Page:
• Thanks CBB! I think anyone with a plan when it comes to their finances can generally be successful, so if your plan includes $1000, and your reasoning for it makes sense, it's going to help you financially. For me right now, it's getting rid of the last of my high-interest (about 10.5%) credit card debt, and then working on the rest of my goals after that.
        My recent post Weekend Reading Guide: Never Read a Tom Wolfe Book I Didn’t Like Edition

    2. What I have done, now that I have my car loan, is build up my other savings accounts to a level at which I would prefer them (including an emergency fund), and after that was achieved, start throwing all extra cash onto my loan.

      My loan is relatively low interest, though.

      • It's definitely nice to have cash reserves. I think for me I have been lucky not to have any major expenses, but now I do have some coming up, so it's time to start setting aside money not just for debt.
        My recent post Weekend Reading Guide: Never Read a Tom Wolfe Book I Didn’t Like Edition

    3. studentdebtsurvivor says:

      Right now the only debt we have is our home (condo). We have a fully funded emergency fund, but if we didn't and had debt I'd save at least $2000 in emergency fund.

      • It just seems like that money could be working for you in some way if you are somewhat comfortable financially, instead of earning a minimal interest that gets taxed at the end of the year. IMHO :)
        My recent post Weekend Reading Guide: Never Read a Tom Wolfe Book I Didn’t Like Edition

    4. Interesting post – My wife and I were ~ $370,000 in debt ($220,000 in mortgage) just six years ago and did not have an emergency fund at all and did not have a category savings account for those yearly expenses that you know about. Reading the Total Money Makeover by Dave Ramsey was the turning point in our finances and I feel his 1st Baby step is VERY important. $1000 Emergency fund and $2000 if you make over $100K. I am glad to hear you went 18 months with only one emergency over $1000 but am sure is not the case with most families – especially with a couple of kids like us. If you have NO savings at all and you need a new transmission for your car or a new hot water heater like us where do you get the money to pay for the emergency?? We just used our credit cards again.. We built up an emergency fund then started our debt destruction plan (snowball) to get rid of all consumer debt. Once we tackled that we built up a 6 month emergency fund (earning 1%). In addition we did always contribute 15% to our retirement plan and the workplace matched 5%. I also had built up a 40 year pension through my teaching in California and Colorado. (that was all auto deducted – very important) This last month we were down to $25,000 on our mortgage so we took that from our savings to pay it off and become completely debt free and freed up an additional $2000 per month that we will be putting back in our emergency fund until we reach $20K. Then we can start investing more. Starting @ 55 years old and now am almost 62 and we are debt free. The grass does feel different to walk on and instead of being in the $1.22 club (spending $1.22 for every dollar we make) we are in the 50-50 club (give, save, and invest 50% and live on 50%) – A little less stress in our life now. Good post though and certainly food for thought hence the long comment.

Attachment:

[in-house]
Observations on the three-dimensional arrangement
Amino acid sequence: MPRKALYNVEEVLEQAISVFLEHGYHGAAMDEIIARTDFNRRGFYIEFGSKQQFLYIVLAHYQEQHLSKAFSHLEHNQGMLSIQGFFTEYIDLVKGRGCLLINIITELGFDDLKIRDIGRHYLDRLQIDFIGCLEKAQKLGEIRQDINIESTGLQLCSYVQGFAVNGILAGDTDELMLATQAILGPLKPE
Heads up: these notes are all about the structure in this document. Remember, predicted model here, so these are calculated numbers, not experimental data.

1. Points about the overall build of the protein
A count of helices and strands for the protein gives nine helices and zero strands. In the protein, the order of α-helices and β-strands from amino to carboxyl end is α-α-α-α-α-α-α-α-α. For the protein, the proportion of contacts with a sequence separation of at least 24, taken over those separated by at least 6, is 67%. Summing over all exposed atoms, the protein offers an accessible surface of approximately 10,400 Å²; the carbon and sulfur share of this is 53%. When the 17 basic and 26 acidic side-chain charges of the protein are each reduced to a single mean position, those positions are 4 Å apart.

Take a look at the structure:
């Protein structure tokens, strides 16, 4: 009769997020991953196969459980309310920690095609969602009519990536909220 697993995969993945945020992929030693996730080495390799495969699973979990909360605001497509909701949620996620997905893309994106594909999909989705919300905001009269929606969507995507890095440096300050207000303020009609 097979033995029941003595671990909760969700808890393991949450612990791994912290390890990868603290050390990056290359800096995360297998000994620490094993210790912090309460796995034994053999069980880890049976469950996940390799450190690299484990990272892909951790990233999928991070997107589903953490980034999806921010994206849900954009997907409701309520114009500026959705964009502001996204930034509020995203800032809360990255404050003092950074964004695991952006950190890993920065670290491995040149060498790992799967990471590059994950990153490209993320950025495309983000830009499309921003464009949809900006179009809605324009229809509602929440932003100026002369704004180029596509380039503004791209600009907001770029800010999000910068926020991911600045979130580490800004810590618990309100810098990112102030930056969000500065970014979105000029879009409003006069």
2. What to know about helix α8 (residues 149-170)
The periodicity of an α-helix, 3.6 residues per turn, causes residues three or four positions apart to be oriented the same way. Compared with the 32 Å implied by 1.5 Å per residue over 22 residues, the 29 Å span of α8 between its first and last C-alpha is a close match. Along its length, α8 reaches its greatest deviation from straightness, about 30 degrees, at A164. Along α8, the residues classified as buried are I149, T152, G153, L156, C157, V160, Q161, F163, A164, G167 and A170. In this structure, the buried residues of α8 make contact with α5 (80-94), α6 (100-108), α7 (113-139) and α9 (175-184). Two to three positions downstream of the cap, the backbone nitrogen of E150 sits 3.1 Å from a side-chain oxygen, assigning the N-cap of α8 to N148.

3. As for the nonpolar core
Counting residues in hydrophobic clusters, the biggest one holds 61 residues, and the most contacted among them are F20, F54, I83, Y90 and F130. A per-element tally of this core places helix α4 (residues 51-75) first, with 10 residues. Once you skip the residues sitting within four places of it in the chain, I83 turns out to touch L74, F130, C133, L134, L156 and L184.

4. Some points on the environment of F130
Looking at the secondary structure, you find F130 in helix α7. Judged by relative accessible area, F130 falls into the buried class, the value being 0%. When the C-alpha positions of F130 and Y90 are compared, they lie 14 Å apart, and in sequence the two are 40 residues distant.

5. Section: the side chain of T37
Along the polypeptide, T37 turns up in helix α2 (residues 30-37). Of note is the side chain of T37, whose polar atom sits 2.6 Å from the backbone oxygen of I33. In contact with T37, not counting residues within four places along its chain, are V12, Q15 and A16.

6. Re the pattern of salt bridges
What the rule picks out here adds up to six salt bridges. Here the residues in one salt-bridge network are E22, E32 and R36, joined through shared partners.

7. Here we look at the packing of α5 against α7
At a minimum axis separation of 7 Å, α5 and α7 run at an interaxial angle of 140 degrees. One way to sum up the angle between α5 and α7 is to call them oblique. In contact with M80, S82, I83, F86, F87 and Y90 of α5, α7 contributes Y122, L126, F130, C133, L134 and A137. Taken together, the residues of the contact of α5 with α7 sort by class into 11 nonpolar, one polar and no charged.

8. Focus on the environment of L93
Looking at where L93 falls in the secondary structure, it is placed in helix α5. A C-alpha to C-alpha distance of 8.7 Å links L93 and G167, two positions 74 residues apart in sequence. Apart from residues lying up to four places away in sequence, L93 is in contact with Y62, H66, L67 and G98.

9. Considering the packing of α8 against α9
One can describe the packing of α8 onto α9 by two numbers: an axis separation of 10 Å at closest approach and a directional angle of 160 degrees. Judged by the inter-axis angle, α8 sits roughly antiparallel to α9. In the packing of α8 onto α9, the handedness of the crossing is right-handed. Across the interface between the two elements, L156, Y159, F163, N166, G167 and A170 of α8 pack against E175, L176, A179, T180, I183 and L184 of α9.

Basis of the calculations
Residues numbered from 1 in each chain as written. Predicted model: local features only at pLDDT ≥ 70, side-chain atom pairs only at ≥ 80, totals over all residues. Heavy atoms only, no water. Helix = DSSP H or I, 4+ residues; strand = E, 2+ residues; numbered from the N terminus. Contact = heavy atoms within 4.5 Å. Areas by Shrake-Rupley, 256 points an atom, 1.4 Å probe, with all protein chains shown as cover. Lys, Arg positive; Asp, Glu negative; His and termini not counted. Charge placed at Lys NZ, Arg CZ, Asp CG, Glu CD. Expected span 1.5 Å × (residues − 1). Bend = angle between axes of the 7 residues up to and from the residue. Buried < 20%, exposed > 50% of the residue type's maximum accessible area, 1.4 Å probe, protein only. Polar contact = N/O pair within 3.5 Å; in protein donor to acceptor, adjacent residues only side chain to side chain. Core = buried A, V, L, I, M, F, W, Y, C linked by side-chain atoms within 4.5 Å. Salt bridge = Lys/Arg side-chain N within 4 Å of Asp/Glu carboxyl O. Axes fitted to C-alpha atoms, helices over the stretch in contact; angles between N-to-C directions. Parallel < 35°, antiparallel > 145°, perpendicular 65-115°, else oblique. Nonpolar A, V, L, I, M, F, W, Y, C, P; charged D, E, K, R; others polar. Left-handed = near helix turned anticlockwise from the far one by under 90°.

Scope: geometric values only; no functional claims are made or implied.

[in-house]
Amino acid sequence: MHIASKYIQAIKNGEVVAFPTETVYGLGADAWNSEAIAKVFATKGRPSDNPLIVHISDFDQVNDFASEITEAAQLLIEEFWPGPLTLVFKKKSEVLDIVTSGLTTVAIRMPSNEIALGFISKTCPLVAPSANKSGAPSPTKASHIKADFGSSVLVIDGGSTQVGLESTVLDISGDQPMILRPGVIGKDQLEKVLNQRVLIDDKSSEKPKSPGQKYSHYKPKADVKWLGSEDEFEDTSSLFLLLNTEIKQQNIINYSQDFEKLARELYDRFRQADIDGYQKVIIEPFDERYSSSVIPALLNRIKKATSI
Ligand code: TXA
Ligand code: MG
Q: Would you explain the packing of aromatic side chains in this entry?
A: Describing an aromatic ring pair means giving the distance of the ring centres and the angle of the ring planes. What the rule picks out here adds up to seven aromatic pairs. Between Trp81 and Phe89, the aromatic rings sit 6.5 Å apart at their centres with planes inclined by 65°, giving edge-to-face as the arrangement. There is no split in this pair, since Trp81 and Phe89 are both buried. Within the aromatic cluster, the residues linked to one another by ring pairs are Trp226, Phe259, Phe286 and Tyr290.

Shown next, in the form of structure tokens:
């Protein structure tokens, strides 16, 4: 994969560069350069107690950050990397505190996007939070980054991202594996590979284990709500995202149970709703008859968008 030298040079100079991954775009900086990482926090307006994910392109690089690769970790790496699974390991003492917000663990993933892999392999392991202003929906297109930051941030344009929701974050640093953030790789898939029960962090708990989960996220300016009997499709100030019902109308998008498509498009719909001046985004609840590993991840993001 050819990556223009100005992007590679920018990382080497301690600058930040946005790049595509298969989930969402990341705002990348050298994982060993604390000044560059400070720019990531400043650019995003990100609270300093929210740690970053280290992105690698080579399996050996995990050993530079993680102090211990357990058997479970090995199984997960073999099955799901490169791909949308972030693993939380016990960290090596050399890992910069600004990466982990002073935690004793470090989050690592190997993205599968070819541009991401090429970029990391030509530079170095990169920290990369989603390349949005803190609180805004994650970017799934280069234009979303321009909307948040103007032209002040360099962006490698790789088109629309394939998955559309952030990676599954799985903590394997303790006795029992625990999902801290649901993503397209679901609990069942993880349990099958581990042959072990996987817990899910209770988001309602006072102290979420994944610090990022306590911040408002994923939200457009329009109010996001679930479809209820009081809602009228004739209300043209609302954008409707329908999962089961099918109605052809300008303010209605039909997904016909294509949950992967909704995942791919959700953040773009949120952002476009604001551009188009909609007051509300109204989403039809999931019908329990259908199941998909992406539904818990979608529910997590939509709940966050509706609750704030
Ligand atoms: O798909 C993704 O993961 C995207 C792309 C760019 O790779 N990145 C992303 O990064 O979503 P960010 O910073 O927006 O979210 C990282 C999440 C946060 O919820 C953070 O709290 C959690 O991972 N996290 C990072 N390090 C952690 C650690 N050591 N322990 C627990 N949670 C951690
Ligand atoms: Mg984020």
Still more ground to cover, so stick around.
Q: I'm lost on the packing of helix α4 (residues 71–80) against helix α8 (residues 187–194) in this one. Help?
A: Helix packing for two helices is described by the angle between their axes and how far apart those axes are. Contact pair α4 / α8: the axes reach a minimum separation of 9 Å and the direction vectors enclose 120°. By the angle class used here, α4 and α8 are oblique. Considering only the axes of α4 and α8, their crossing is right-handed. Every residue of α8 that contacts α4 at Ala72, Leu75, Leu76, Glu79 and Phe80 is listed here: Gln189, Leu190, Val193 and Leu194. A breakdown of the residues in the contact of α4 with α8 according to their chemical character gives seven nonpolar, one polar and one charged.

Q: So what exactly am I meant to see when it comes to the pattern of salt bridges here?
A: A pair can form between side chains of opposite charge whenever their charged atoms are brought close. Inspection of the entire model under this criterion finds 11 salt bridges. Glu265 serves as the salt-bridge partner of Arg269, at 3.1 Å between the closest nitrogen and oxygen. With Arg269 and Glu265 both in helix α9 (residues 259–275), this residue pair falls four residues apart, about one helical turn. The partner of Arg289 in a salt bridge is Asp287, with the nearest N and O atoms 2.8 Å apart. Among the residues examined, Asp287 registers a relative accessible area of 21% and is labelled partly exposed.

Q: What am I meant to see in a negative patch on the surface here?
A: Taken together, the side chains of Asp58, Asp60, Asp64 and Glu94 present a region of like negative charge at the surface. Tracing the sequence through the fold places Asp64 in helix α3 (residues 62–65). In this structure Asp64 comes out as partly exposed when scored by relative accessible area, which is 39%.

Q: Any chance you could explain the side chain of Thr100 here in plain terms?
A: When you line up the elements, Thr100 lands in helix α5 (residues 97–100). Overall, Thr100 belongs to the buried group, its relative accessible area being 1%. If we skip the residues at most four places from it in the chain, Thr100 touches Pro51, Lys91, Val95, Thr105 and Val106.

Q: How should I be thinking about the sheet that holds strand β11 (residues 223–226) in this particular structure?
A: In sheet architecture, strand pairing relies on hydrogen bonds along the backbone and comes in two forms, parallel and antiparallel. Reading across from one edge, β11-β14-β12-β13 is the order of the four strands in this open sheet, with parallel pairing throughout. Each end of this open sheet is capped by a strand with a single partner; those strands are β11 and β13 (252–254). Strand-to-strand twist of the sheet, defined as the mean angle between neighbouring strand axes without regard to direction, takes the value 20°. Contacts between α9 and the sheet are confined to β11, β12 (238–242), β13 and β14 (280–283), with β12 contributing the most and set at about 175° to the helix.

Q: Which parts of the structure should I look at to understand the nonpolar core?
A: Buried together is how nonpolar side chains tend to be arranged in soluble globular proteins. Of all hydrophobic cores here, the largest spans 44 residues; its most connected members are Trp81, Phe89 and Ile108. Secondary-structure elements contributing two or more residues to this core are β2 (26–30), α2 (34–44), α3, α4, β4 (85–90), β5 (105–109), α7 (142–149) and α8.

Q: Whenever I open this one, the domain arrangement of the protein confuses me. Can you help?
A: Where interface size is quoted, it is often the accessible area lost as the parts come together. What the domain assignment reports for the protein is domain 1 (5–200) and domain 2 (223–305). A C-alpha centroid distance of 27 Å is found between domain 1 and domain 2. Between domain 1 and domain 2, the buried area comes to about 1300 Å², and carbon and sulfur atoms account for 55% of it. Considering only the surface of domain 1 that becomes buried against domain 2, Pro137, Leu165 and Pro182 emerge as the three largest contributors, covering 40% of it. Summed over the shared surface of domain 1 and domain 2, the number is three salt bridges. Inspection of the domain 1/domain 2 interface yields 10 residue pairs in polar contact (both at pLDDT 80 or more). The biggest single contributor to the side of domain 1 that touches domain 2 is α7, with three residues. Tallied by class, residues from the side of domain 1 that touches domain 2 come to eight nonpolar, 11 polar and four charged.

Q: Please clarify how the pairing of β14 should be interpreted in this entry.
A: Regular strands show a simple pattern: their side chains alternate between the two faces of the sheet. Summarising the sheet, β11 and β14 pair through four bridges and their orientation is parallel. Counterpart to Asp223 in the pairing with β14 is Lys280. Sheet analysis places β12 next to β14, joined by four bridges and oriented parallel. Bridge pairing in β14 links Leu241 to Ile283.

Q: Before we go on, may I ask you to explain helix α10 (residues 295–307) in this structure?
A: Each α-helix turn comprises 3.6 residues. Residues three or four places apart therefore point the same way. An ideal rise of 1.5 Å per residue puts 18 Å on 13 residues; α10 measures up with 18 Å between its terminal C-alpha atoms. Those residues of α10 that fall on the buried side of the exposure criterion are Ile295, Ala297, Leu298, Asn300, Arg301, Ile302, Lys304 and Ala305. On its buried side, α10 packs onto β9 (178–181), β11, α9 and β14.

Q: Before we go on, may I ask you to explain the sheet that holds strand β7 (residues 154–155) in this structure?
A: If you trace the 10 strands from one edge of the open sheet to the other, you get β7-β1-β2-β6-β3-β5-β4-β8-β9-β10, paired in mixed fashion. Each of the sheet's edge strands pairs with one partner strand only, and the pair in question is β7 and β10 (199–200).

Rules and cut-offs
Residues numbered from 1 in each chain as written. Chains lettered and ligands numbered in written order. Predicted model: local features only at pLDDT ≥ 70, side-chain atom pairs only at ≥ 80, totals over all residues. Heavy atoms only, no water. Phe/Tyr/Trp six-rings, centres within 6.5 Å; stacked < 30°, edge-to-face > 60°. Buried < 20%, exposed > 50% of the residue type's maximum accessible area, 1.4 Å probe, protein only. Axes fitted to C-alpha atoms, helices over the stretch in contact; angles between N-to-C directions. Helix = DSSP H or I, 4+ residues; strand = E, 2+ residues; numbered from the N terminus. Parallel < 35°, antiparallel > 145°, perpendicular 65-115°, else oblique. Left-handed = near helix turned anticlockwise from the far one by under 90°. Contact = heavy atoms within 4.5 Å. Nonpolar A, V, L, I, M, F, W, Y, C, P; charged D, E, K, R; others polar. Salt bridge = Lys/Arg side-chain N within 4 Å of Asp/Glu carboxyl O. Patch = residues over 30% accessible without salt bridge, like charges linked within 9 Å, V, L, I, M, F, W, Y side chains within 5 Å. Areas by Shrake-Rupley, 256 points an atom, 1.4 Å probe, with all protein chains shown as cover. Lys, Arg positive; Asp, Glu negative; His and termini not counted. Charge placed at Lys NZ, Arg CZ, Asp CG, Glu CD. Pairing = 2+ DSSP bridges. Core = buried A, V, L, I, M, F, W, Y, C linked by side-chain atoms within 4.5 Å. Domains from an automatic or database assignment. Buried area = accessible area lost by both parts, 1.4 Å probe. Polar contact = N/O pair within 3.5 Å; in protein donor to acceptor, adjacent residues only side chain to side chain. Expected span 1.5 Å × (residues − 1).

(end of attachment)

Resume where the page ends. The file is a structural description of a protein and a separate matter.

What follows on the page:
My recent post The House that Mike and Christy Harvey bought for cash

      • Jeff, what an AMAZING seven years your family had! Your story is exciting, and I definitely agree that families have more expenses, and I am lucky that I am single and in debt, so I can get out of debt faster before I get married. My coworker was just telling me about how they got out of debt, and 6 months later their AC broke, so they had to go back into debt to get a new one. I don't want that to happen to me/us. But I know that if I have increased income and decreased expenses, most things like that can still be paid for within a month or two. I also am a big fan of the pre-tax automatic contributions- I have always done at least 10% of my income, and am planning 15% when my retirement plan starts for my new job in a month!
        My recent post Weekend Reading Guide: Never Read a Tom Wolfe Book I Didn’t Like Edition